Migraine headache is a type of headache associated with a sensitivity to light, smells, or sounds, eye pain, severe pounding on one side of the head, and sometimes nausea and vomiting. The exact cause of migraine headaches is not known. Triggers for migraine headaches include certain foods, stress, hormonal changes, strong stimuli (loud noises), and oversleeping. Treatment guidelines for migraines include medicine, pain management, diet changes, avoiding foods that trigger migraines, staying hydrated, getting adequate sleep, and exercising regularly. Prevention of migraine triggers include getting regular exercise, drinking water daily, reducing stress, and avoiding trigger foods.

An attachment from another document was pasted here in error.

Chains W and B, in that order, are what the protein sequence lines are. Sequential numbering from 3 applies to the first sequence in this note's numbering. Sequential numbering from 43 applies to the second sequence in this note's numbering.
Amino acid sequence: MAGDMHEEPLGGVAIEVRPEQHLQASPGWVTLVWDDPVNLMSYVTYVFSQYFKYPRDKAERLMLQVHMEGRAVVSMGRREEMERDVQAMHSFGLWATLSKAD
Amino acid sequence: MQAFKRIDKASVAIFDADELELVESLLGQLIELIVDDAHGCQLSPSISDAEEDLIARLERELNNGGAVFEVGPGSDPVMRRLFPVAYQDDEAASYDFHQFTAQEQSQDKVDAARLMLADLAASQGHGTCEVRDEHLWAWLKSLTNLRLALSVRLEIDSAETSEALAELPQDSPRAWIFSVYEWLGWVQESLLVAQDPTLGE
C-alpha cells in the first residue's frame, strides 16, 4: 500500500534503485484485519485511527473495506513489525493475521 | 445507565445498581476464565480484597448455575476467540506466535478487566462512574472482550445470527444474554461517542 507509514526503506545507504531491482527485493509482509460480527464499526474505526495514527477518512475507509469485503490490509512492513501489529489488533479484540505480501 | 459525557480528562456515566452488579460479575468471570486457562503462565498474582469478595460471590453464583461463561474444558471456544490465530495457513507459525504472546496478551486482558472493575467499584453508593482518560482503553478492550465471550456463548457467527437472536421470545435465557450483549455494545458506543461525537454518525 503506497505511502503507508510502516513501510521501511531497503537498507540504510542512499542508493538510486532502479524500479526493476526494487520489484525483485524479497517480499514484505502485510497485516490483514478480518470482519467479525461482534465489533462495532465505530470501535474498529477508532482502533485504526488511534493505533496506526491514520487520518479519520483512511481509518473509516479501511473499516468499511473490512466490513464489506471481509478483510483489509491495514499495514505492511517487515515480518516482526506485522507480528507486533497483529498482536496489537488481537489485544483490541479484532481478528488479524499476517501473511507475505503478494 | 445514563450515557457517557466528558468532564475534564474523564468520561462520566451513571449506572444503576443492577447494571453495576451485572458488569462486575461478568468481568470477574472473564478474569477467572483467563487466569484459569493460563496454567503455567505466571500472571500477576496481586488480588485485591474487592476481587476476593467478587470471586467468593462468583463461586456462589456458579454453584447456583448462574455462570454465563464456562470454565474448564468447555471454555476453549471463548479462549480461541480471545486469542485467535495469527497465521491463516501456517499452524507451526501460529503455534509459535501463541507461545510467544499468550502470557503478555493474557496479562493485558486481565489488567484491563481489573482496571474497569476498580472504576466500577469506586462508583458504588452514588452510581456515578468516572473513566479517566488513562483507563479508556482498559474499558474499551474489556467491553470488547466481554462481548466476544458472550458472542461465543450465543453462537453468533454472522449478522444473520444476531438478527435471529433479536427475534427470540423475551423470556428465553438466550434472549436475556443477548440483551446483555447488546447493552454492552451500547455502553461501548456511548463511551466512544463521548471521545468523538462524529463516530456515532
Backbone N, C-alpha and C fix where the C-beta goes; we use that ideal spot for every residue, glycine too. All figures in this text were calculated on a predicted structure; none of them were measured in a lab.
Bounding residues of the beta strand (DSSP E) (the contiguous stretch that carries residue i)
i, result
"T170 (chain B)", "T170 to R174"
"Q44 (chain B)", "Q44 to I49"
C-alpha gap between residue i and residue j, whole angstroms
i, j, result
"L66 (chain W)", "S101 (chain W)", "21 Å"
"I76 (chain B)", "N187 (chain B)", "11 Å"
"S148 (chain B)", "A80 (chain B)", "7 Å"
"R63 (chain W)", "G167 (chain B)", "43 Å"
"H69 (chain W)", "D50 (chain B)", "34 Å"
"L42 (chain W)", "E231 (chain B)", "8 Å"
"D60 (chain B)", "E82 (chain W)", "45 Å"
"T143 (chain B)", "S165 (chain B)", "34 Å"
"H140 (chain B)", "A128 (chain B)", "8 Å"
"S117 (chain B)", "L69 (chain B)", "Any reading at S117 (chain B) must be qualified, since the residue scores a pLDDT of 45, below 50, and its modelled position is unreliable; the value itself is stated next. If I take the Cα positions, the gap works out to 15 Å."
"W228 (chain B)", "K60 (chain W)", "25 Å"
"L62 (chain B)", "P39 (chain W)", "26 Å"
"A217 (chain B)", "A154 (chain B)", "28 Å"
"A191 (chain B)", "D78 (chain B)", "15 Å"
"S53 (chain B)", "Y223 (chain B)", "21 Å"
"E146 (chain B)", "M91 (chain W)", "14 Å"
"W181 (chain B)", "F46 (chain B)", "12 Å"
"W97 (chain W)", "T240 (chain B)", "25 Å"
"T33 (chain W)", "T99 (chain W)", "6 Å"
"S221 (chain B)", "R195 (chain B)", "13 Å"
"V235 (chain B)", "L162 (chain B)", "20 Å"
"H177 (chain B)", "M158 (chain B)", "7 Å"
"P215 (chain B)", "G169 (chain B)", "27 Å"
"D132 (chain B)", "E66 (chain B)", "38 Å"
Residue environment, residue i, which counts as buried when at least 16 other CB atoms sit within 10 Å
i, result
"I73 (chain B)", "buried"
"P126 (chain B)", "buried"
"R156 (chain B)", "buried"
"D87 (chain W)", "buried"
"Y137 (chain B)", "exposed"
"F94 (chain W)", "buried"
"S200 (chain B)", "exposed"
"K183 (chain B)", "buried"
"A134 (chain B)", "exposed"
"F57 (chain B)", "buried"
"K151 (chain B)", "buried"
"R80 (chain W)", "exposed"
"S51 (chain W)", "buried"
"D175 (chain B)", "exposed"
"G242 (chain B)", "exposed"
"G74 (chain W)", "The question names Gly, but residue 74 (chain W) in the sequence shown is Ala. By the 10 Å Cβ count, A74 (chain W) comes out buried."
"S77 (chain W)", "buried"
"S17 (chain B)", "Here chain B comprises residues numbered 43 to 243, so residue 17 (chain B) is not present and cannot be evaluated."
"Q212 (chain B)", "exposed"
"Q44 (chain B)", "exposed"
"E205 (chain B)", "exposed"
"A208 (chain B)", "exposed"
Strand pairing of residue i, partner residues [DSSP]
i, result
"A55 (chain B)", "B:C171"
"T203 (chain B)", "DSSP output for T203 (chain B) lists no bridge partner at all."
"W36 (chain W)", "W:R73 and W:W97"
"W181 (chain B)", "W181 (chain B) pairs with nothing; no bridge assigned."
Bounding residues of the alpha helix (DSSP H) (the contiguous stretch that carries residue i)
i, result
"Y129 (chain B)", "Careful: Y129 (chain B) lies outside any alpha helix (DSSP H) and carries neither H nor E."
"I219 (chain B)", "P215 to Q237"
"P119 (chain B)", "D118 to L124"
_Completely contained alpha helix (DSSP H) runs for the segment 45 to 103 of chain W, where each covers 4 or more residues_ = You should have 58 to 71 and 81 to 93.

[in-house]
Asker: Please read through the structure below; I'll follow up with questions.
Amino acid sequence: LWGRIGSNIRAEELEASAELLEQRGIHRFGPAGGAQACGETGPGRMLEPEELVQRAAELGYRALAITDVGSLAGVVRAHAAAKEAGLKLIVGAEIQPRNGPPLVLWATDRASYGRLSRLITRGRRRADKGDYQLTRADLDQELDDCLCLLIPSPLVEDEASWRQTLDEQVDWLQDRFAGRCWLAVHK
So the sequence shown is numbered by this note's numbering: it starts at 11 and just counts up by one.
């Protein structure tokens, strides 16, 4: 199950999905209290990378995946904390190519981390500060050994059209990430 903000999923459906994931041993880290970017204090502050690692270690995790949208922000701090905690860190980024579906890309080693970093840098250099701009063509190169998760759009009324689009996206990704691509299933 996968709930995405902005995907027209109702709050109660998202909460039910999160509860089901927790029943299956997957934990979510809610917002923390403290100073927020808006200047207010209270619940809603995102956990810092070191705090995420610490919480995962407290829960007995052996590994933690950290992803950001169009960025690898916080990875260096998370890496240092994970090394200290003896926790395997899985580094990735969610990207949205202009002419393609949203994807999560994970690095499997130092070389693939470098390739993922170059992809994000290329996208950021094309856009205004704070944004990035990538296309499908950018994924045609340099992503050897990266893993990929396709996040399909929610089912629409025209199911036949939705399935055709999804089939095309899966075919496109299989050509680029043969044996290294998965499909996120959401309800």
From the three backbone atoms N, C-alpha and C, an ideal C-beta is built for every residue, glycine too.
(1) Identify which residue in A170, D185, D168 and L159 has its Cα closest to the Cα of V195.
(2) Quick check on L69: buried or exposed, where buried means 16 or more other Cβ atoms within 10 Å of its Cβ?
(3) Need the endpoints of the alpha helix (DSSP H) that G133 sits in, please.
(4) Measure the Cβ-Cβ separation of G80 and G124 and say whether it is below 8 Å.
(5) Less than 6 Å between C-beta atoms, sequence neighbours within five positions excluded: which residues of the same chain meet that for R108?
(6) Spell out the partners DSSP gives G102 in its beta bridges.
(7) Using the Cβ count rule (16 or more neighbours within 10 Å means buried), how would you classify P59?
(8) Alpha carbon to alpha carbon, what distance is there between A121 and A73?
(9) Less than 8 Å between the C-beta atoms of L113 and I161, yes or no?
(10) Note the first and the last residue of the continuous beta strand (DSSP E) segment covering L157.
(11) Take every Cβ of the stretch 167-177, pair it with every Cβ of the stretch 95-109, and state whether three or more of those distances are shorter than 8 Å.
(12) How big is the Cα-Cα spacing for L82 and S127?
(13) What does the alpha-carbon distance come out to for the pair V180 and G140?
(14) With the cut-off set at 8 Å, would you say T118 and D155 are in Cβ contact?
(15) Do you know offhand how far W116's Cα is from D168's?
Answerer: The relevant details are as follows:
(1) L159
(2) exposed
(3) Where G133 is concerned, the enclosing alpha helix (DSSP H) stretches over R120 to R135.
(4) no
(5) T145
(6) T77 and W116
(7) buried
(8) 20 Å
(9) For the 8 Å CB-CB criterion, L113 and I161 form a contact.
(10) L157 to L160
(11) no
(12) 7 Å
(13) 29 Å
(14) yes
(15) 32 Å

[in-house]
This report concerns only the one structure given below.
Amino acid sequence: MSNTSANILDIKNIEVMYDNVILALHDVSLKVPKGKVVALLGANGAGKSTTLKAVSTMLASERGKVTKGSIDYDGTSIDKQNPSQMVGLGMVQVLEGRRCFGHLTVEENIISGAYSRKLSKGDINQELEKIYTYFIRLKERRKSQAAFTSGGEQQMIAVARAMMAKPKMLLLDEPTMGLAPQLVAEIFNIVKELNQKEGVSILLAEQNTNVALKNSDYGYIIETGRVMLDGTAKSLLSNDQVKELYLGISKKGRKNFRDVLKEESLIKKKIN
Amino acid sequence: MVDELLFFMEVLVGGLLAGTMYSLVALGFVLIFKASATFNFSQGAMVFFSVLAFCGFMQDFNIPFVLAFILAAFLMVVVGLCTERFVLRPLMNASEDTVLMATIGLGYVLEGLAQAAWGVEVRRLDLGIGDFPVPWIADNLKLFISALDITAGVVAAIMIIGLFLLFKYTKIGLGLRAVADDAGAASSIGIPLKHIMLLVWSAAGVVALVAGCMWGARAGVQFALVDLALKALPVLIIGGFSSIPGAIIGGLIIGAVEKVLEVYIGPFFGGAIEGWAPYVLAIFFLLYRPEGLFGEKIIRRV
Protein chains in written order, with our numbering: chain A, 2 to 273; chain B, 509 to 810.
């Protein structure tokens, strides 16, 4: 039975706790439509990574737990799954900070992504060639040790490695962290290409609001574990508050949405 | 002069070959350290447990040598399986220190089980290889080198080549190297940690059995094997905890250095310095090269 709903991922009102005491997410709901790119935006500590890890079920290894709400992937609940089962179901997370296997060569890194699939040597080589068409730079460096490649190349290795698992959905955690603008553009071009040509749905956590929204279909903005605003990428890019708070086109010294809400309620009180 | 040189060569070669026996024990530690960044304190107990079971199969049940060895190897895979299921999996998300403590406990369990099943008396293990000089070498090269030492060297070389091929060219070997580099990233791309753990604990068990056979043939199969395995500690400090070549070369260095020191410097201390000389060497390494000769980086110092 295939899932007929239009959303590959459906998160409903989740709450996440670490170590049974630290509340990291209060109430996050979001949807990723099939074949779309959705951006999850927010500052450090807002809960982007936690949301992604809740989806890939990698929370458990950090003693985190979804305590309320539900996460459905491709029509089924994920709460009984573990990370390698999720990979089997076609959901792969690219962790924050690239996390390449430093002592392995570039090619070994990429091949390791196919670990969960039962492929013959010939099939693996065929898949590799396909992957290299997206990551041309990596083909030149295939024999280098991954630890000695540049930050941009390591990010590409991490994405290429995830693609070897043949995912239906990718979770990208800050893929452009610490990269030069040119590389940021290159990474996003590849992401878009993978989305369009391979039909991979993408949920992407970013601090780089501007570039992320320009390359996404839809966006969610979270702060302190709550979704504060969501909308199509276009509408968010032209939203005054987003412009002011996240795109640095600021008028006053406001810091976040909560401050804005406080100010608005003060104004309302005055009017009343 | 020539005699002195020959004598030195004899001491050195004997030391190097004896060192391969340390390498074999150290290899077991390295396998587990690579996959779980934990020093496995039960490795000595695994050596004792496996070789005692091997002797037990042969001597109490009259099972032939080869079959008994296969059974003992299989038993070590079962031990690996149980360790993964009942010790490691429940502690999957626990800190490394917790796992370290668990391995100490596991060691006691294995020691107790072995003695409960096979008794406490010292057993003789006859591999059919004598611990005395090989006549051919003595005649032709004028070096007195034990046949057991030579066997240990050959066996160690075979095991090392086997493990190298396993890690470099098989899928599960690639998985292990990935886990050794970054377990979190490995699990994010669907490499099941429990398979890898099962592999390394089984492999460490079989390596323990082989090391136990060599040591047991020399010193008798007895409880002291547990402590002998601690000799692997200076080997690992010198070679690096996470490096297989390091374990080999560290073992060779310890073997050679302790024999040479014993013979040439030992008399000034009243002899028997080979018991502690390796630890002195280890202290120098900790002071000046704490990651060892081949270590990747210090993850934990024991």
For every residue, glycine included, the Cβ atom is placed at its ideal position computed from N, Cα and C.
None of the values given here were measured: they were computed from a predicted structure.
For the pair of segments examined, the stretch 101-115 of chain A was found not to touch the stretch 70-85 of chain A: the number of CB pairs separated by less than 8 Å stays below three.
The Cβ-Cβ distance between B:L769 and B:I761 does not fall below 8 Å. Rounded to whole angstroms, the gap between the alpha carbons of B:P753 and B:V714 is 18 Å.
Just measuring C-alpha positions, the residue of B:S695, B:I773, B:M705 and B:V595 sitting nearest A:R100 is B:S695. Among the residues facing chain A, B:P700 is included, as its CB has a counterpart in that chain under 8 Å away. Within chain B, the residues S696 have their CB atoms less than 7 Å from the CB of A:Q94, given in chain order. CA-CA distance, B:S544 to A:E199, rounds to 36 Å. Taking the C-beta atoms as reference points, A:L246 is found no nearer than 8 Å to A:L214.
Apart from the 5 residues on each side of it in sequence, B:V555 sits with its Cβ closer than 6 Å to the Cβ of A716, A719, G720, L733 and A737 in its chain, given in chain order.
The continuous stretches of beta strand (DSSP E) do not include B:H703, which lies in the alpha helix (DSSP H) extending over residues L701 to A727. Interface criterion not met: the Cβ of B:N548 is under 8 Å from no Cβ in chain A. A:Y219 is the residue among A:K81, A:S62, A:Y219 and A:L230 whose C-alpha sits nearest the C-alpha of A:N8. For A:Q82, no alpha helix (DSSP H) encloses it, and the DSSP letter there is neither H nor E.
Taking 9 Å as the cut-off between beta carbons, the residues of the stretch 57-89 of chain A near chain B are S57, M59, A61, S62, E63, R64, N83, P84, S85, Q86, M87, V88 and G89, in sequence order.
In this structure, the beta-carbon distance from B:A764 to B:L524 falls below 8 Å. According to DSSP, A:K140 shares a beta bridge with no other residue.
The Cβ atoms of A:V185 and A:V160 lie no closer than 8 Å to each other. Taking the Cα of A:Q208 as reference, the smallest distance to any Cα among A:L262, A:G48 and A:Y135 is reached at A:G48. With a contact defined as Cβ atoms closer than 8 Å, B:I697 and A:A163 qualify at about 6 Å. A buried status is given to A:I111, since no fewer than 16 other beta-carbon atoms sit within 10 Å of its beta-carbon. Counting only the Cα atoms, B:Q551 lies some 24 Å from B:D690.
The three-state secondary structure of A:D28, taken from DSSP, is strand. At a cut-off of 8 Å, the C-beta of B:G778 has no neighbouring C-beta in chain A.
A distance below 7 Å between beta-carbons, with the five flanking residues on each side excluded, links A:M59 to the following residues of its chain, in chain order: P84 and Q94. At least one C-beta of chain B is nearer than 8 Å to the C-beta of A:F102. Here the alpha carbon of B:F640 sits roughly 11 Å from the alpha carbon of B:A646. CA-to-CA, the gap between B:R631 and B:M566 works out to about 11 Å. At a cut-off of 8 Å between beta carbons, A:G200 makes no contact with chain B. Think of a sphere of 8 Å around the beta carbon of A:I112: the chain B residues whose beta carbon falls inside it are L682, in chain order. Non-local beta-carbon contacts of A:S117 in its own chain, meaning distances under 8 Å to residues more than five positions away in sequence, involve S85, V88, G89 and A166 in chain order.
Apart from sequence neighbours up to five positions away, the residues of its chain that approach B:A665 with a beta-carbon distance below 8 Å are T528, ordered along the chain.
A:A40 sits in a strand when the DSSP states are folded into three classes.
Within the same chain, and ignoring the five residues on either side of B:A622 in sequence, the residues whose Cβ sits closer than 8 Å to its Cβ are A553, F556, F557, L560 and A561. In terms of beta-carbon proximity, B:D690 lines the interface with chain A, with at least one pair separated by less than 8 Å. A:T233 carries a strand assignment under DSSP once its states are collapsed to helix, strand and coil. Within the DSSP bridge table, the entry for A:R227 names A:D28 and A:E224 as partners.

The good news here is that muscle patterning improves within days of starting a weight-lifting program, even without any increase in muscle mass. This explains the 113% increase in strength experienced by the residents of the nursing home in Boston in the previously cited study. In a different study that specifically investigated this phenomenon, 67- to 81-year-old men lifted weights for six weeks while hooked up to electrodes that measured their nerve and muscle patterning (an electromyogram machine). The results showed that the men experienced a 25% increase in the patterning of the muscle along with a 35% increase in strength, all without significant increases in size.
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